After the death of the NASA Opportunity rover was officially announced on February 13, many people have been left wondering whether it would be possible to mount some kind of rescue mission on Mars to revive the rover, which is believed to have become covered with a thick coat of red dust during last year's intense dust storm, and whether Curiosity might be able to help with this endeavor.
As Live Science has reported, it's notable that while Opportunity was not the first rover sent to Mars, it is one that has lasted longer than any other, working hard on the Red Planet for 14 years. With swift Martian winds occasionally shaking the dust from the rover's solar panels and keeping it running, Opportunity allowed scientists to learn an incredible amount about Mars as it slowly meandered and explored over a range of 28 miles on the planet during its very long lifetime.
According to the Express, the final words that NASA's Opportunity uttered were cries of distress.
"My battery is low and it's getting dark."With the rover's solar panels covered in a thick, choking dust, if this dust were somehow removed, there is a very good chance that Opportunity would be quickly up and running again. With Curiosity already on Mars, using this rover seems in theory as if it would be the best way to resurrect the rover. However, scientists have said that this would unfortunately be an impossibility and have listed the reasons why it simply wouldn't be practical. One of the biggest problems with this idea is the vast distance that separates Curiosity and Opportunity. By looking at NASA's Mars map, it becomes quickly apparent that this distance is insurmountable, with the Opportunity rover sitting 5,200 miles away from Curiosity. While Curiosity is technically faster than Opportunity, it can really only travel so quickly.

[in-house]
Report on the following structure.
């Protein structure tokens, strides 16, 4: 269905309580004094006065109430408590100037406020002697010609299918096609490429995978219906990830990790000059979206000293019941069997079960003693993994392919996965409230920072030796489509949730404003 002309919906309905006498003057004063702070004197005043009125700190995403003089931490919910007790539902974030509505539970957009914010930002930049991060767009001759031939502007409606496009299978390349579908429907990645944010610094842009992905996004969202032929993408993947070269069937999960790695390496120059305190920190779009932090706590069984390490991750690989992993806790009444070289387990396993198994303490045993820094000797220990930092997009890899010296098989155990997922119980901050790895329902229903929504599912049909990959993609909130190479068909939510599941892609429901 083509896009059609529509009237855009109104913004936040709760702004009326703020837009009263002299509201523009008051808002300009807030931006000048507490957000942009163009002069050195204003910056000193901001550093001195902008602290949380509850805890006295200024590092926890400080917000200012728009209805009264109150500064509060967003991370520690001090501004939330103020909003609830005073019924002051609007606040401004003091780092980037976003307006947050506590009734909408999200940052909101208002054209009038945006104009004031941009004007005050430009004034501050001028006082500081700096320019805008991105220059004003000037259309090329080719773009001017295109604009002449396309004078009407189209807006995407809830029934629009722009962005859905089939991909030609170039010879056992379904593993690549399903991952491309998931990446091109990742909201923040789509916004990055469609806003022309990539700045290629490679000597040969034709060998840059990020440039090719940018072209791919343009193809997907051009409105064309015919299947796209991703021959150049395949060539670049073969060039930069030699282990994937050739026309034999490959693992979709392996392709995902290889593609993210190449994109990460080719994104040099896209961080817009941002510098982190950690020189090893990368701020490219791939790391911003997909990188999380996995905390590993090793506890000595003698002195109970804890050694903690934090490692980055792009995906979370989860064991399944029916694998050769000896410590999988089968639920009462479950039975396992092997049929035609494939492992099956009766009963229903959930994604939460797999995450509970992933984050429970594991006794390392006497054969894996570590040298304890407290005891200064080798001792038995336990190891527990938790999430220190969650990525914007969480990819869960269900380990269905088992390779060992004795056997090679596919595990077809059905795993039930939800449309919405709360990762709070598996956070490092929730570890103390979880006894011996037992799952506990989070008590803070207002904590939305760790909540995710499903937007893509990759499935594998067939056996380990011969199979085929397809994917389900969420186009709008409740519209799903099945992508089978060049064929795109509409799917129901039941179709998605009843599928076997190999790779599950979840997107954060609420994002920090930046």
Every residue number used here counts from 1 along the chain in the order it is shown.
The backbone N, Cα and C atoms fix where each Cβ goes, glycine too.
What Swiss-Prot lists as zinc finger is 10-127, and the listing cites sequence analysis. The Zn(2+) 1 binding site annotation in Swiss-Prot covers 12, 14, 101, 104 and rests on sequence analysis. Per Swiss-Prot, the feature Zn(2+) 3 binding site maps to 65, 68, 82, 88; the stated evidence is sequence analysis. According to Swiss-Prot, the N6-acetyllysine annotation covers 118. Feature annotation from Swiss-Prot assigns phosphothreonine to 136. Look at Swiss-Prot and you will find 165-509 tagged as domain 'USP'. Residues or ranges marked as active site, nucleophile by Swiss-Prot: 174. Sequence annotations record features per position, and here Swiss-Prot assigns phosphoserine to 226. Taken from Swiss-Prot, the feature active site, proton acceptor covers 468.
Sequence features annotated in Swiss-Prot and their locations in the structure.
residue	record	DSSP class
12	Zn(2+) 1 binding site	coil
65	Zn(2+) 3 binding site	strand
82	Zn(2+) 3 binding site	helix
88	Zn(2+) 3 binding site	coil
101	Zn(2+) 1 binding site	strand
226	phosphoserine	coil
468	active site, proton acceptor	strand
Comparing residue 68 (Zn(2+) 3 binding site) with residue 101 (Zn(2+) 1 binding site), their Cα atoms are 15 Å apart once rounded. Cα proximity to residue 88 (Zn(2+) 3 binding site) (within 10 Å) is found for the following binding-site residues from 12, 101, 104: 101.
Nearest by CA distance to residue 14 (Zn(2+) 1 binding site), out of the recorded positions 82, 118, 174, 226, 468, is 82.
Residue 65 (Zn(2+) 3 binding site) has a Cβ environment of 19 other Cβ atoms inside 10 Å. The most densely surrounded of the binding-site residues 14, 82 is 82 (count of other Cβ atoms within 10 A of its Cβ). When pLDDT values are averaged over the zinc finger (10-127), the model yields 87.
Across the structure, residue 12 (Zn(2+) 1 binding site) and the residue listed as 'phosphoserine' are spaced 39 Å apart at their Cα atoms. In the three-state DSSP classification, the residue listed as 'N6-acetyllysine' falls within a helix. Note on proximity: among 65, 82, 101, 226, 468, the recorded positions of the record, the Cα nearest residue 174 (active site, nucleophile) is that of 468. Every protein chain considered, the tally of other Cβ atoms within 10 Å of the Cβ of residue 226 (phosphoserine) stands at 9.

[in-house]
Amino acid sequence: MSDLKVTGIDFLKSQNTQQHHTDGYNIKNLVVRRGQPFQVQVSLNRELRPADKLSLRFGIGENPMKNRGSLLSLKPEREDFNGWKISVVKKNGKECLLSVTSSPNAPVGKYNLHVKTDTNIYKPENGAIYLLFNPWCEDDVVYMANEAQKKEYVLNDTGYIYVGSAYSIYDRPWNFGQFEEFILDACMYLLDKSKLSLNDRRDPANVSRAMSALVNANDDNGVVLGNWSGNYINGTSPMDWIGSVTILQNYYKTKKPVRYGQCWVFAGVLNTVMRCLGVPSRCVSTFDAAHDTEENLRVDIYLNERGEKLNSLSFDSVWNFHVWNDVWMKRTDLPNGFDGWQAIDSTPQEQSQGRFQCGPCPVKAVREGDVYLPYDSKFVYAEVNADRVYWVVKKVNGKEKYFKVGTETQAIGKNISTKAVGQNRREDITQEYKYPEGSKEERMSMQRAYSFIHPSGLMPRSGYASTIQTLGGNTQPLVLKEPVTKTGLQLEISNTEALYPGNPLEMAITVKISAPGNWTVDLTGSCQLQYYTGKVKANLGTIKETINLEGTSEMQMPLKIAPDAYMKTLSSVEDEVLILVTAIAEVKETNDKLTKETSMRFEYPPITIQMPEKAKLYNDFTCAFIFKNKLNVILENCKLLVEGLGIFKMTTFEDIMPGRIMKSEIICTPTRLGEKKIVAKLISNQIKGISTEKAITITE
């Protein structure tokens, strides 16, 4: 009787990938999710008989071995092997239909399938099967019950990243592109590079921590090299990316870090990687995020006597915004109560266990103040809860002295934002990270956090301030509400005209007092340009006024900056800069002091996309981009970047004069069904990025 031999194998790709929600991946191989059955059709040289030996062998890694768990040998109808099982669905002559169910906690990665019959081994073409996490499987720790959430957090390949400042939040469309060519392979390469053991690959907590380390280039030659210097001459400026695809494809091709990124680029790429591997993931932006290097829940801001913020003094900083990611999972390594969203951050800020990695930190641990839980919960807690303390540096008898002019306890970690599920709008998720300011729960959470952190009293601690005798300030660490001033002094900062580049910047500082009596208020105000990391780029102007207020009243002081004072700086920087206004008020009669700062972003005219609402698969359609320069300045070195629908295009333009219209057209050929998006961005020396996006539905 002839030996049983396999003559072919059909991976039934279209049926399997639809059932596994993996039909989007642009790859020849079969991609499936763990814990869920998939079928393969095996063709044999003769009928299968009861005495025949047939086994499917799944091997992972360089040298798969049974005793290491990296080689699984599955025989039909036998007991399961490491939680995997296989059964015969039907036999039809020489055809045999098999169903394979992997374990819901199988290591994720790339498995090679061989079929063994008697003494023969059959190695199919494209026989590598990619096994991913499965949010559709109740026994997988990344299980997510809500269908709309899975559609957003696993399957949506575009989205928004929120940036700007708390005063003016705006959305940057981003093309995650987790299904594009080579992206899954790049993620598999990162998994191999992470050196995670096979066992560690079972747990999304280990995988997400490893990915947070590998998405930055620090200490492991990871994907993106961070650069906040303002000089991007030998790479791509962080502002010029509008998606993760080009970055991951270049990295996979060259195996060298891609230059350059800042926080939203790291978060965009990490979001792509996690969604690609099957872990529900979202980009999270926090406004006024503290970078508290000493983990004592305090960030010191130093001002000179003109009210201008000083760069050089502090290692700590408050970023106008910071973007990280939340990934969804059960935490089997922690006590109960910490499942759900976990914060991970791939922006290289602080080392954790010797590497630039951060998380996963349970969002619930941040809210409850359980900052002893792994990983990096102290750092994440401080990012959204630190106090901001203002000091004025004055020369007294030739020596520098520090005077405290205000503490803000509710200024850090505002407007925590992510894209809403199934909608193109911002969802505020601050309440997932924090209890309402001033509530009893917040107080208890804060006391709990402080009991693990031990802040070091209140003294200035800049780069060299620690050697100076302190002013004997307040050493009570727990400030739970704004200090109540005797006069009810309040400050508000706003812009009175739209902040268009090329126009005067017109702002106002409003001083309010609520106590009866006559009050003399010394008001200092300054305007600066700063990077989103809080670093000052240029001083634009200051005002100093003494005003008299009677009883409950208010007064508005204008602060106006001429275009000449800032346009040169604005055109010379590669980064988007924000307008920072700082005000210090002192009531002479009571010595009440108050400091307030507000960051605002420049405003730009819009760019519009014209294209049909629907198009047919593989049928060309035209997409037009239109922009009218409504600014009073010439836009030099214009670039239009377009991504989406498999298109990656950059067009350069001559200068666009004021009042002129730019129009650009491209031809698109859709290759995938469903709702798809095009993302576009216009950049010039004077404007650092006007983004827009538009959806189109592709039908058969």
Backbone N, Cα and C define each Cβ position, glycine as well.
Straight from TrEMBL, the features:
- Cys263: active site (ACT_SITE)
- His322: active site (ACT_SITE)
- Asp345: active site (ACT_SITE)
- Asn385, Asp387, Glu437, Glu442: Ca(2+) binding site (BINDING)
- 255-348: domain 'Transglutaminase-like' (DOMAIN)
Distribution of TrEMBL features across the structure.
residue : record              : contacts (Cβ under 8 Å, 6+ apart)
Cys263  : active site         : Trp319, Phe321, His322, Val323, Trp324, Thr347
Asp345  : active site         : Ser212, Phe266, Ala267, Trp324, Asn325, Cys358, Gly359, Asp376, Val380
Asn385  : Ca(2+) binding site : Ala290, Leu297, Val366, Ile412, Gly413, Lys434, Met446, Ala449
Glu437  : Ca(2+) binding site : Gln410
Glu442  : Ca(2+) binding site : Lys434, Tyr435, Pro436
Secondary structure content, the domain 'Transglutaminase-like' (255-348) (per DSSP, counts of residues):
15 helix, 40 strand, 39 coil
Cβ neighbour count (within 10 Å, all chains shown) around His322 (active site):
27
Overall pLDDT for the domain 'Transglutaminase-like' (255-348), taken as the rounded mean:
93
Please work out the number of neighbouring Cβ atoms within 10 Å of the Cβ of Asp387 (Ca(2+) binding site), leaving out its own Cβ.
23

Besides this problem, if scientists did decide to get Curiosity to traverse the vast distance across Mars to reach Opportunity, the rover would need a fair amount of assistance from scientists on Earth in order to reach its final destination.
Because of the delay in communicating with the rover, in theory even a move of just a few feet could take days to accomplish, making the 5,200 mile journey not only arduous, but pretty much impossible given these communication delays.
Curiosity is also programmed to explore Mars, not to repair rovers or other objects, and scientists would have a major challenge if they were to even attempt to reprogram the rover's instruments.
Even if scientists were able to magically achieve faster communication with Curiosity to get it to move quicker and could also reprogram its onboard instruments, this is still no guarantee that the one and only issue with Opportunity is too much dust on its solar panels.
The final issue with getting Curiosity to travel to and possibly even repair NASA's Opportunity rover is that winter is fast approaching on Mars, and any problems that Opportunity originally had will only grow steadily worse with the onslaught of cold air that will soon be arriving.
But all hope is not completely lost as one fine day if humans end up traveling to Mars and setting up a new colony on the red planet, there is always the distinct possibility that NASA's Opportunity rover will be able to be retrieved and set in motion once again.